Such EMI radiation also arises from internal circuitry wired on a substrate, etc. However, it is often seen that the EMI radiation becomes a problem in the case where it arises from a bus or interface cable that is a set of data lines. The reason is that an interface cable has the property that it serves as an antenna for EMI radiation and increases EMI radiation as it becomes longer. Also, an interface cable or the like is in itself a component for connecting devices separated from each other, so the cable requires a certain degree of length so that it can be widely used.

In addition, there is a relation (general property) that the EMI radiation is proportional to the frequency component of a signal and becomes stronger as the repetition of a signal becomes faster. Here, attention is paid only to a certain specific bit transfered (which means any 1 bit in the 4-bit block), and a time-series change is tracked between data bits, 1 and 0, which are serially transferred. In the case where a digital signal simply repeats a logic high (1), a logic low (0), a logic high (1), and a logic low (0), the strongest EMI radiation arises. Such a state is equivalent to the case where a change in a digital quantity per a certain time period (unit time) in a time-series manner has occurred most frequently. That is, a transition has occurred most frequently between 1 and 0 being transferred adjacently in a time-series manner, and the number of signals repeated, i.e., frequency is high.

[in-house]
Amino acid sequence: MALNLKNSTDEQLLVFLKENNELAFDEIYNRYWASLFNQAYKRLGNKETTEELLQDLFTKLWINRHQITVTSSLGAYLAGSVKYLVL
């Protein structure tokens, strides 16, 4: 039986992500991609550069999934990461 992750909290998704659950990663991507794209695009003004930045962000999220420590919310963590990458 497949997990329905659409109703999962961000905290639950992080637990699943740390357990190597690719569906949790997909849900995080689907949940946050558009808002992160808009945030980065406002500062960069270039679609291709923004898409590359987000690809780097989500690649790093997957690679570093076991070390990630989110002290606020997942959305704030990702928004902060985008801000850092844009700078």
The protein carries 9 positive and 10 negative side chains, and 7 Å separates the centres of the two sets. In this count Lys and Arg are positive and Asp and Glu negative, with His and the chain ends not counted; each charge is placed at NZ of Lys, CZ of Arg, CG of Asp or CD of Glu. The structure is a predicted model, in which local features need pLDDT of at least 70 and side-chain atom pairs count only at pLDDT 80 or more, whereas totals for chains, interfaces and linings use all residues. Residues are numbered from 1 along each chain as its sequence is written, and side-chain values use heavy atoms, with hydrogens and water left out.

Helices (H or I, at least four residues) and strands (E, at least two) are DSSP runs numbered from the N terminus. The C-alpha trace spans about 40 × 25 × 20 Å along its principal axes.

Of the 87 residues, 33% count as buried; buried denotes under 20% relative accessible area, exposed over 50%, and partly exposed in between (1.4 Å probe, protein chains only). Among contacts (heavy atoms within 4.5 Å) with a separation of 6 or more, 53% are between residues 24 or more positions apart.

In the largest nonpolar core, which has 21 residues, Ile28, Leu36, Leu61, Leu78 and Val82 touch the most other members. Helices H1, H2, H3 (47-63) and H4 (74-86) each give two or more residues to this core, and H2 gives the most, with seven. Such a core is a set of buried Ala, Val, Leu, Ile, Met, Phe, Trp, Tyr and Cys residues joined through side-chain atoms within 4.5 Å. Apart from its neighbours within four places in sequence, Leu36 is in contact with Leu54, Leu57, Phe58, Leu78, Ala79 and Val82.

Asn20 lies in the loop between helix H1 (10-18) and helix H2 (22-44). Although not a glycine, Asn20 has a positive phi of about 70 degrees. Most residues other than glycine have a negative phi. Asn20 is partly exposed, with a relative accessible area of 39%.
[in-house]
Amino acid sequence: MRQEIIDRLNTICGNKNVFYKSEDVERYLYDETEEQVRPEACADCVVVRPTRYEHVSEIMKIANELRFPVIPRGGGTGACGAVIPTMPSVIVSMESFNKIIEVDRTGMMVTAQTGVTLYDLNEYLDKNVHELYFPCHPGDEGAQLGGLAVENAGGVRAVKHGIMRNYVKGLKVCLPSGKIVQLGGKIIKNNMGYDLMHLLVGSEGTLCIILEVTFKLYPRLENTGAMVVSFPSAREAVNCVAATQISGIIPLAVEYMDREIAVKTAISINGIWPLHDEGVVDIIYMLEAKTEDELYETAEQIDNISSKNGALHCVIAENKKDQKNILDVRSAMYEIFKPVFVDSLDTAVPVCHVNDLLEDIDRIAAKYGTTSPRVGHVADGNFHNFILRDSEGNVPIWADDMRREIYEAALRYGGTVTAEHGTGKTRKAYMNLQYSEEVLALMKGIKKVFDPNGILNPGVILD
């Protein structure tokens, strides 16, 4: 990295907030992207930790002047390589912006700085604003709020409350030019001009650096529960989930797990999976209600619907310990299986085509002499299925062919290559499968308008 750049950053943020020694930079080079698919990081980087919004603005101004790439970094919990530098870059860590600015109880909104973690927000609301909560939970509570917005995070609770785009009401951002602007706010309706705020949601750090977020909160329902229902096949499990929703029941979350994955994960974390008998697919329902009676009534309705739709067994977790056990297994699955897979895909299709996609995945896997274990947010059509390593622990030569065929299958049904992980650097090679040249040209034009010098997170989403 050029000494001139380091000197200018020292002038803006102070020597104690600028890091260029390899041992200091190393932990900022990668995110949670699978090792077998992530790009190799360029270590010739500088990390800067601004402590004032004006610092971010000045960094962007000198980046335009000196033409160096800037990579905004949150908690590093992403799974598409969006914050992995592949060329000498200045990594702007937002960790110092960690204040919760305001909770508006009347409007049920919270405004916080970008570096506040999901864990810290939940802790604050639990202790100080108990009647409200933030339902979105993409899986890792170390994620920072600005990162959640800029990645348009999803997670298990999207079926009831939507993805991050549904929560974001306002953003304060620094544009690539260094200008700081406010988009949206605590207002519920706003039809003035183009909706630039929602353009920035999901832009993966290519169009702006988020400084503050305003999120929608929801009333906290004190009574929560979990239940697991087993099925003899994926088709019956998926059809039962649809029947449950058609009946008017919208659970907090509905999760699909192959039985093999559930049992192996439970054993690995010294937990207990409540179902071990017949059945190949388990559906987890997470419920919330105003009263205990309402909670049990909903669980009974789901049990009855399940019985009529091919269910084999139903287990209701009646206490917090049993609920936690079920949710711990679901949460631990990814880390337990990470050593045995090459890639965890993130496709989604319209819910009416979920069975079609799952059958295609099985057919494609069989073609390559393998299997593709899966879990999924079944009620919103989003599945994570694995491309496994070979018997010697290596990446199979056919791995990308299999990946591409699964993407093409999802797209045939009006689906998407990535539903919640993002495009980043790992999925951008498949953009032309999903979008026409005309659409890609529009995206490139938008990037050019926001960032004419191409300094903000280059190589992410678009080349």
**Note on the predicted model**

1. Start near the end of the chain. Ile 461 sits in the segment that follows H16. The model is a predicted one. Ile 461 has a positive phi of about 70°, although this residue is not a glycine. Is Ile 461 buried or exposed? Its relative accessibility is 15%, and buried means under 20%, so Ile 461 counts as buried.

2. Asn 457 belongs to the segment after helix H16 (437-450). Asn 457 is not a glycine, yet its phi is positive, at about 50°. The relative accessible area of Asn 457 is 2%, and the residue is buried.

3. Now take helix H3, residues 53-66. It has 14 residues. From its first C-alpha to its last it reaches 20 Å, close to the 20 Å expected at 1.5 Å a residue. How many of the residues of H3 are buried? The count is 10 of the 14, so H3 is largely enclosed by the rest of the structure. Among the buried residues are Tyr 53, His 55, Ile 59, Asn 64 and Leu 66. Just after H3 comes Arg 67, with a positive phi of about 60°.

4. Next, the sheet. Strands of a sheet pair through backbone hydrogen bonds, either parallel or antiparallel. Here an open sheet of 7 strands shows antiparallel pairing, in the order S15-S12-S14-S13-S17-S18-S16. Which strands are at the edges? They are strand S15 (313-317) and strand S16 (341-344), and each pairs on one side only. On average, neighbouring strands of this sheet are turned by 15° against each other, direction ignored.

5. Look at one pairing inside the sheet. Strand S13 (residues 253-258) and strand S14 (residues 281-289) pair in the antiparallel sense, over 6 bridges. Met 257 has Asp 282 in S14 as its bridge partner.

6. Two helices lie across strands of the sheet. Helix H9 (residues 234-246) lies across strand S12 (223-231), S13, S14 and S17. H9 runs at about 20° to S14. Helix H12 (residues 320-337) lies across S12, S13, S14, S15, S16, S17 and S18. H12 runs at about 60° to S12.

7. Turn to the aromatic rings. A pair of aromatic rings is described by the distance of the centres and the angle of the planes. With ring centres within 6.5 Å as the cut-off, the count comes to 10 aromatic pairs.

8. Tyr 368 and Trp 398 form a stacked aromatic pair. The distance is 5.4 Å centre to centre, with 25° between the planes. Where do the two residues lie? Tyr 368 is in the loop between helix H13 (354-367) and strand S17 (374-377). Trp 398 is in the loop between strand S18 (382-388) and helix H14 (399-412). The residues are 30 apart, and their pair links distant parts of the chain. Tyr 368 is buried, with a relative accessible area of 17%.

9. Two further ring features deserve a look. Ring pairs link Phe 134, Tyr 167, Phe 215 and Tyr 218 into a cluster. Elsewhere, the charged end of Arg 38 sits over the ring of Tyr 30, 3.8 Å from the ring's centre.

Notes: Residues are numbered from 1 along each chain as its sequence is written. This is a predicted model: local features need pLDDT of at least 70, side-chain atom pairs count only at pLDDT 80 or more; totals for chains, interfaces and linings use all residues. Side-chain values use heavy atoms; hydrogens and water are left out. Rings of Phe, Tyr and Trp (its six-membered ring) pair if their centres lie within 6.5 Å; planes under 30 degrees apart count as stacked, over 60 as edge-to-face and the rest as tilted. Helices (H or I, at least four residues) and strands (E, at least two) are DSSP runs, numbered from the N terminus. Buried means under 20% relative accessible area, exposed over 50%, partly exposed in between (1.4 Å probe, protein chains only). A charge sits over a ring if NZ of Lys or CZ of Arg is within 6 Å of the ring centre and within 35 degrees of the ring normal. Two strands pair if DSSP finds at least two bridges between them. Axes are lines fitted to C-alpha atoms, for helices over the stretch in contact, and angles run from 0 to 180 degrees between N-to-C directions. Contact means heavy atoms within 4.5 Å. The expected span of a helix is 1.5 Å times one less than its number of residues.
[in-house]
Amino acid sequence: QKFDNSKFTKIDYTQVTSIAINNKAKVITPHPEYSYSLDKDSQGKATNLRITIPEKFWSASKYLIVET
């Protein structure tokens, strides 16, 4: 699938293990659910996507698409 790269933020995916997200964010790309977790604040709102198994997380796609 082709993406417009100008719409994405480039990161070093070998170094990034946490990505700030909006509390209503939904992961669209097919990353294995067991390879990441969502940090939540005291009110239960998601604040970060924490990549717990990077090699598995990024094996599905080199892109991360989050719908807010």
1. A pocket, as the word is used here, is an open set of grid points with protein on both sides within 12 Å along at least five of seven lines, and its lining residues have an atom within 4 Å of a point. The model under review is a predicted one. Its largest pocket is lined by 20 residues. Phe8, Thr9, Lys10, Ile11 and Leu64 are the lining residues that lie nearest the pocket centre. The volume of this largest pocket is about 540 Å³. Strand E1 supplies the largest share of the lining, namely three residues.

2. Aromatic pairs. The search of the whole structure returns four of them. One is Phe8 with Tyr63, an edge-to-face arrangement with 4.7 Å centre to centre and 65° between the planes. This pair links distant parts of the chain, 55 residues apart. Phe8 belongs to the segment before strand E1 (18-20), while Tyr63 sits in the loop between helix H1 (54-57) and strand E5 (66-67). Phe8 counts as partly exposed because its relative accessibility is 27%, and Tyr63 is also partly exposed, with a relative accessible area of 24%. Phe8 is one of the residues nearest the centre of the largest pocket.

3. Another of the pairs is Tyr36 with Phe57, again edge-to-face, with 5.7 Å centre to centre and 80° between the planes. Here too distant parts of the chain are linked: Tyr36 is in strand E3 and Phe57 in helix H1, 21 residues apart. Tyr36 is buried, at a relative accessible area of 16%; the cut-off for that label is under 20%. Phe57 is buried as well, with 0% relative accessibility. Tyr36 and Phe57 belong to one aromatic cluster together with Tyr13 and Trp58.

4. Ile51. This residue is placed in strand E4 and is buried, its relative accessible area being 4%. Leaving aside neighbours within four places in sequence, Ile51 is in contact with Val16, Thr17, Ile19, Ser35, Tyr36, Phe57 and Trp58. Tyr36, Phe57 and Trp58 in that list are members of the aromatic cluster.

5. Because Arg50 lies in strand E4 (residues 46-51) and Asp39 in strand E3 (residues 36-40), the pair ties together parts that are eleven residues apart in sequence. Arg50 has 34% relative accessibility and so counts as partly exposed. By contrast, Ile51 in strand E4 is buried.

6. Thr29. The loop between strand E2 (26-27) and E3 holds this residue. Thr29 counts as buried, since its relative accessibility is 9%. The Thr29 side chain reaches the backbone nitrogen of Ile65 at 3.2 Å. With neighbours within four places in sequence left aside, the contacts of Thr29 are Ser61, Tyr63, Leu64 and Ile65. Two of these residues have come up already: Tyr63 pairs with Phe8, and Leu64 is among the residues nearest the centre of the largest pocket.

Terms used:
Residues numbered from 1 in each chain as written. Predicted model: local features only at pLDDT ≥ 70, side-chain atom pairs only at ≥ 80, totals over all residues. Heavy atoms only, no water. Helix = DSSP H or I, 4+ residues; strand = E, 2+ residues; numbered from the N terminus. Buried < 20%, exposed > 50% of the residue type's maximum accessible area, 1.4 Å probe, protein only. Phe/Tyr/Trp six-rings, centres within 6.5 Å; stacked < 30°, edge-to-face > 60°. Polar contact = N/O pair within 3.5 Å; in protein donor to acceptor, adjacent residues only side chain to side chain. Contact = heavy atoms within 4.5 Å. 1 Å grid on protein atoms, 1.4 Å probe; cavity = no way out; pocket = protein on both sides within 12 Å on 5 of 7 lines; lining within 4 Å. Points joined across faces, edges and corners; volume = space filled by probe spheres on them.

The flow of image data in an actual liquid display will be described with reference to FIG. 1.

FIG. 1 illustrates the constitution of an LCD module 10, which employs Thin Film Transistors (TFTs) as an example of the LCD. A digital data bus-clock 20 extending from a gate array 11 is elaborately connected to each of an X-driver (also called a data driver or a source driver) 30 and a Y-driver (also called a gate driver) 40. With this, the TFT on a pixel electrode specified by X and Y can be driven.